For the past six or seven years, I have felt incredibly off in all parts of my life. It seemed like no matter what I did, I failed. And many times I failed spectacularly. In front of audiences. In front of my team members. In front of people whom I respect. Or all by myself.
And then the pandemic came.
And then other very personal traumas occurred – some of them still ongoing.
Then I watch the US have an enormous misinformation crisis, and I’m like, “Where are the librarians at with master’s degrees in information science? Where’s the ALA?” And I felt like…I can’t even describe it. I still feel it. It’s not pleasant. It is deep. Something feels broken inside.
Then, being in the unique position that I am in public library-land, I heard from librarians across the US. There have been aggressive challenges here in Nebraska, but nothing like I was hearing about from these librarians. There have been bullying, methodical harassment, death threats, and great librarians forced out of their jobs because they either stood up for the First Amendment, and/or they stood up for marginalized community members.
If that’s not terrorizing, then I don’t know what is. And of this writing, I have yet to learn of someone who is outside of the Christian faith who has behaved this way towards librarians in the US.
I’m trying to work through this more or less on my own since I cannot afford therapy. I have dear friends and other sources of strength that have gotten me through my darkest, most broken of times, but they’re not professional therapists. I have a very long way to go to find my way back to both mental and physical health.
But I want to share some things that are helping me to rebuild my crumbling foundation. These are the biggest reasons that I’m writing this post:
- There is such a thing as self-gaslighting.
I’ll let you google “can you gaslight yourself” like I did. And, if you were unaware of it like I was, then I hope that you’ll also gain insight into it. The traumas that I describe in the beginning of this post weren’t there to be all “oh woe is me.” They were there to say, “hey – we’re living in deeply traumatic times – and that can have some really awful repercussions such as self-gaslighting.”
- While larger organizations struggle to help the vast need, the local citizens of libraries have really stepped up and are defending their libraries. And I hope that this creates a stronger connection between those libraries and those whom they serve.
- There are indeed Christian terrorists in the US who do not value the separation of church and state, and who justify their hate-filled actions with unquestioning self-righteousness.
This may seem like redundant statements about Christian terrorism, and they are, unless you were a few of the handful of readers who saw my “nasty verbal abuse” post where I questioned ever writing the Fighting for Good post. It was published on the internet, so it likely lives on somewhere, so I felt the need to reaffirm my initial statements because, well, self-gaslighting was part of that post.
- I do not mean that all Christians are terrorists.
Yes, I had to go back and added a statement about this fact to the Fighting for Good post. But to those Christians who read it prior to that addendum, and who immediately cognitively flipped their lids, I hope that maybe they find their way to this post.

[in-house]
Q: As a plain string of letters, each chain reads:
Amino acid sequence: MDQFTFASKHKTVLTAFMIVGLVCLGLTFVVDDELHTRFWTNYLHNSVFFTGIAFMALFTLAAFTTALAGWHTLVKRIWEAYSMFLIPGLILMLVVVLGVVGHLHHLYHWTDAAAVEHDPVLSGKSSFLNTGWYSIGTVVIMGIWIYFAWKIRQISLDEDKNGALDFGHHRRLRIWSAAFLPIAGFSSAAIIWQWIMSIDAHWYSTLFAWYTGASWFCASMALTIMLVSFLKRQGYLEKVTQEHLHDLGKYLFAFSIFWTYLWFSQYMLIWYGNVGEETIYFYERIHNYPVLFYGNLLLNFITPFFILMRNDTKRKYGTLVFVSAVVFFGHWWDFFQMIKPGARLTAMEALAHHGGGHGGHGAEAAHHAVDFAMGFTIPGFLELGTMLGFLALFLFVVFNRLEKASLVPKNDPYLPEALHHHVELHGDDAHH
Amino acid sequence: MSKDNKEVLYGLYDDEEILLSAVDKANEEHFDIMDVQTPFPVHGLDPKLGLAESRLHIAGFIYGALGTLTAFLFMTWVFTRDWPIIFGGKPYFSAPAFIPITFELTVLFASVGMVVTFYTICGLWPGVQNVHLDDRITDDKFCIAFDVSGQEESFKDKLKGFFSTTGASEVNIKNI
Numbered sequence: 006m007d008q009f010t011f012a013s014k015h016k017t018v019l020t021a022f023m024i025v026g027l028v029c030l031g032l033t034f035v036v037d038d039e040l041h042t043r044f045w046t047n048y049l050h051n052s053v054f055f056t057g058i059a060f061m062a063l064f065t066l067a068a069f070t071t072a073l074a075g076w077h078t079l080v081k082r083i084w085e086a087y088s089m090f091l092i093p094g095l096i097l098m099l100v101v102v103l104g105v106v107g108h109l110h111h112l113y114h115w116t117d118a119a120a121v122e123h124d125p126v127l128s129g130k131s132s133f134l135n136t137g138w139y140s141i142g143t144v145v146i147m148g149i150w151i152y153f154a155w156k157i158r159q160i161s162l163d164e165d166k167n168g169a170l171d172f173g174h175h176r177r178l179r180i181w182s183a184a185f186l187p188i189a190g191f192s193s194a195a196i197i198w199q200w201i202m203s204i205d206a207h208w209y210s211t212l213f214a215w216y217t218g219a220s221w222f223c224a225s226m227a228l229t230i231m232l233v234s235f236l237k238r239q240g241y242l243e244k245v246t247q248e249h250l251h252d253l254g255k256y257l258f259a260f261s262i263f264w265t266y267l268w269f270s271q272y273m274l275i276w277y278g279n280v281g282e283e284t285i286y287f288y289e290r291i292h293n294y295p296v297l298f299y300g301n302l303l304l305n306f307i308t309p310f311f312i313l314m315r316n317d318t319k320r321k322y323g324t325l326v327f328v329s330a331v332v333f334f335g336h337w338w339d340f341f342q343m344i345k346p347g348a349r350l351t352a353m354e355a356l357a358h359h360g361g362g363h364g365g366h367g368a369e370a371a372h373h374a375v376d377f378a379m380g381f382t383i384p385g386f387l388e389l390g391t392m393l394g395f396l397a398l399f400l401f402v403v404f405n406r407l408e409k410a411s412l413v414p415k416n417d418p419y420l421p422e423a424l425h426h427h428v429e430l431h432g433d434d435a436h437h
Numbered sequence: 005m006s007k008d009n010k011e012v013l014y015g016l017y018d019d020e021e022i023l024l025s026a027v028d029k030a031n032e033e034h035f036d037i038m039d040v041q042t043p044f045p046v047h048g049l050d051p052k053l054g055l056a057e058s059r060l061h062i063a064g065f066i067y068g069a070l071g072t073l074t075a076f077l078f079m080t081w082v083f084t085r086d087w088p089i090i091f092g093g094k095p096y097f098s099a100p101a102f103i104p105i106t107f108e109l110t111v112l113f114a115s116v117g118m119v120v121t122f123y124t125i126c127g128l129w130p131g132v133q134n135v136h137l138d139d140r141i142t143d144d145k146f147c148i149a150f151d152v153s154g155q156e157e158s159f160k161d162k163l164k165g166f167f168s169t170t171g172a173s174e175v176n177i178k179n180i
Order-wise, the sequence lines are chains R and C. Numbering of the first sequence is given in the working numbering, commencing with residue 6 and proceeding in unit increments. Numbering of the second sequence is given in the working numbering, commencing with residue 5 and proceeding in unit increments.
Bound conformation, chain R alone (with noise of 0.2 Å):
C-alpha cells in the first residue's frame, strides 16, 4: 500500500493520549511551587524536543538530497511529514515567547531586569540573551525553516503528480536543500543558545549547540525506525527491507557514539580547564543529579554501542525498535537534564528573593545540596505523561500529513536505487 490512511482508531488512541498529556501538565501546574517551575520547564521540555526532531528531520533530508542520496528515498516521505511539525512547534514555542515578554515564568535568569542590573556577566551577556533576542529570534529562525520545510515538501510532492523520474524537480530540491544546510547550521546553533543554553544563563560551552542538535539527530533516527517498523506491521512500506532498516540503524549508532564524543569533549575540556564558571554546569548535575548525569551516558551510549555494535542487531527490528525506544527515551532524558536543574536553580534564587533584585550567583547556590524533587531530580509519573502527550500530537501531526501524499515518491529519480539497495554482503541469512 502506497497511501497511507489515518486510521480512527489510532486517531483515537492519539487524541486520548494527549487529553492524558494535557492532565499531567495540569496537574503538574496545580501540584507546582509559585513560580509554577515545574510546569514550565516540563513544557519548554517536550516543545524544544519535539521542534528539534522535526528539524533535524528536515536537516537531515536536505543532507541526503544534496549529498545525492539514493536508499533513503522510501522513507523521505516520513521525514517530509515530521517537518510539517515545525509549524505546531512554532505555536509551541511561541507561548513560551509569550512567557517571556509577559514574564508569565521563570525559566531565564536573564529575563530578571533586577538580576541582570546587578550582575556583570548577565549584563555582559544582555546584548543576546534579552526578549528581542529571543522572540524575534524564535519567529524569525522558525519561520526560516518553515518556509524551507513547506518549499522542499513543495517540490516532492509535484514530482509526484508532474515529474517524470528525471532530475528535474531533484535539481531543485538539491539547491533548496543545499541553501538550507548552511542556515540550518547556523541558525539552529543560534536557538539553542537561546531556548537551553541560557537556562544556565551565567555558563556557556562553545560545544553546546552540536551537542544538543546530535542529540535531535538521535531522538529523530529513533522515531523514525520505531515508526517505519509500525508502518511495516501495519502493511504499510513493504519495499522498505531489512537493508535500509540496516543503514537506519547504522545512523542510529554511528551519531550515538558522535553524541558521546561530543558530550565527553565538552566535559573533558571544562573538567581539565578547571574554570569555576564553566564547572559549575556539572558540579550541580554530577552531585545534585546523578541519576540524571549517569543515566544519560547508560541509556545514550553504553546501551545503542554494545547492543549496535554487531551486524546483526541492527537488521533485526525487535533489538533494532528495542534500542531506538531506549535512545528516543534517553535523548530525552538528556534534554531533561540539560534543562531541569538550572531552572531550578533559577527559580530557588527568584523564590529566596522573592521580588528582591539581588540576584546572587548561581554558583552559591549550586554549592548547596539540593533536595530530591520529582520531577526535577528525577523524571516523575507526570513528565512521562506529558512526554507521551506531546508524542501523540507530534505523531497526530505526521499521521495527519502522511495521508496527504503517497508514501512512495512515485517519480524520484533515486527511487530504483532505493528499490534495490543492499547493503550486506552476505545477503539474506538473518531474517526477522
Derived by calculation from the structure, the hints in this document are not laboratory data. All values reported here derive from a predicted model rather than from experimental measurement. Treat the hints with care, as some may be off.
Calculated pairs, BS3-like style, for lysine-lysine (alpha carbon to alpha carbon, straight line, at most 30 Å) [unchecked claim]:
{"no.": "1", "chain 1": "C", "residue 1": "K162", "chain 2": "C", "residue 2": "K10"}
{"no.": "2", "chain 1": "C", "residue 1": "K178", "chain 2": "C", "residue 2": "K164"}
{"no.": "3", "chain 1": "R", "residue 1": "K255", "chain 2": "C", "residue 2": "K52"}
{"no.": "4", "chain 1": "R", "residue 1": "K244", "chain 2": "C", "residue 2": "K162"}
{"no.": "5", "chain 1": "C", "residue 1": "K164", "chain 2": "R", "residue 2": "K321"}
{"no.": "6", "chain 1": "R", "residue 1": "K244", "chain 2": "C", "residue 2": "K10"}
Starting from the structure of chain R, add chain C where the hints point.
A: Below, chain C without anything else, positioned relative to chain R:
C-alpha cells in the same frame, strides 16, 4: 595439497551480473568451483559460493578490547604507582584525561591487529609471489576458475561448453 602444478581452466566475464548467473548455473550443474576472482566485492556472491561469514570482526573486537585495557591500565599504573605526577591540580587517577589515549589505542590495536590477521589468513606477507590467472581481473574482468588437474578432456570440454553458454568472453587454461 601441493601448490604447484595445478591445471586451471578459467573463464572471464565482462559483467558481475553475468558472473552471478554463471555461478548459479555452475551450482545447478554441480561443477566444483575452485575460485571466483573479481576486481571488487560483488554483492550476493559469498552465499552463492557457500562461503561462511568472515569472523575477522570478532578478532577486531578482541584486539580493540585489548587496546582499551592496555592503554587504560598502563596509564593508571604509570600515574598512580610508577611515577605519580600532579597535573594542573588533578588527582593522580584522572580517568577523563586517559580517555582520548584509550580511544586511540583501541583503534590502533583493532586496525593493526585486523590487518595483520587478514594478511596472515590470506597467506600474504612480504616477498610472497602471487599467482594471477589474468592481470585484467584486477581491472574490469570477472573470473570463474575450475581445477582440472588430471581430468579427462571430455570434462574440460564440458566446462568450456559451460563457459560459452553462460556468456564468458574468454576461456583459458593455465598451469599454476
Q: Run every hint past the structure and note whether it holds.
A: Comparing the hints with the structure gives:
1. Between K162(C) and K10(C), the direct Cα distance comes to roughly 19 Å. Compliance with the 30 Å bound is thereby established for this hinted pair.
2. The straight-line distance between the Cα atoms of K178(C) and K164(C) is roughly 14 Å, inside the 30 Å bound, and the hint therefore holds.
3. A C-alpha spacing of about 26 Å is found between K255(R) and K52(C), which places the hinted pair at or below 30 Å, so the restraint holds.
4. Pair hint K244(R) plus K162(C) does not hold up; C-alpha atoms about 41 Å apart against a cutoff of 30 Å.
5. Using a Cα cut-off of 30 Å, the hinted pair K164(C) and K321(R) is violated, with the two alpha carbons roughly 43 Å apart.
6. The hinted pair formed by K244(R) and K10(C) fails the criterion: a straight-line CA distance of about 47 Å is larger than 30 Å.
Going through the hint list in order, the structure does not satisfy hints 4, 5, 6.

For years I have said that schools are the brains of their community, places of worship the soul, and libraries the heart. I’ve never shared that here, and I felt it important to do so now since I still believe it.
And most importantly, I want to end this post with the words/image from a Christian who took the time to email me about the situation in their community. And since this is a mostly librarian-read blog, I’ll let you know that I have permission to share.
I am writing to express my support of your efforts to spread a message of inclusion in your “Libraries are for Everyone” art. I am a member of the LGBTQ community and have been actively working through the Okefenokee Library Alliance to support LGBTQ inclusion in our local libraries in the Okefenokee Regional Library System. Our library installed your “Libraries are for Everyone” mural last year. Sadly, since the mural was installed, there have been many people who have sought the removal of the mural from the library based expressly on the mural’s LGBTQ representation.
I am a member of the Episcopal Church and attend Grace Episcopal Church in Waycross, Georgia. I presently serve as the Senior Warden of the church. The Okefenokee Library Alliance holds its meetings in the Parish Hall of Grace Episcopal Church. As a person of faith myself, it is very upsetting to me to witness the many unkind statements made against the LGBTQ community by other persons who also profess to be persons of faith who are actively calling for the removal of any symbols of LGBTQ inclusion at our libraries. Because my church believes God’s grace is for all people and our duty is to love all people, we have chosen to incorporate that message into our fall scarecrow display competition organized by our local chamber of commerce. In so doing, we hope to increase public support for your LAFE mural at our library.
The light you spread in the world will always overcome the darkness of others.
Grace Episcopal Church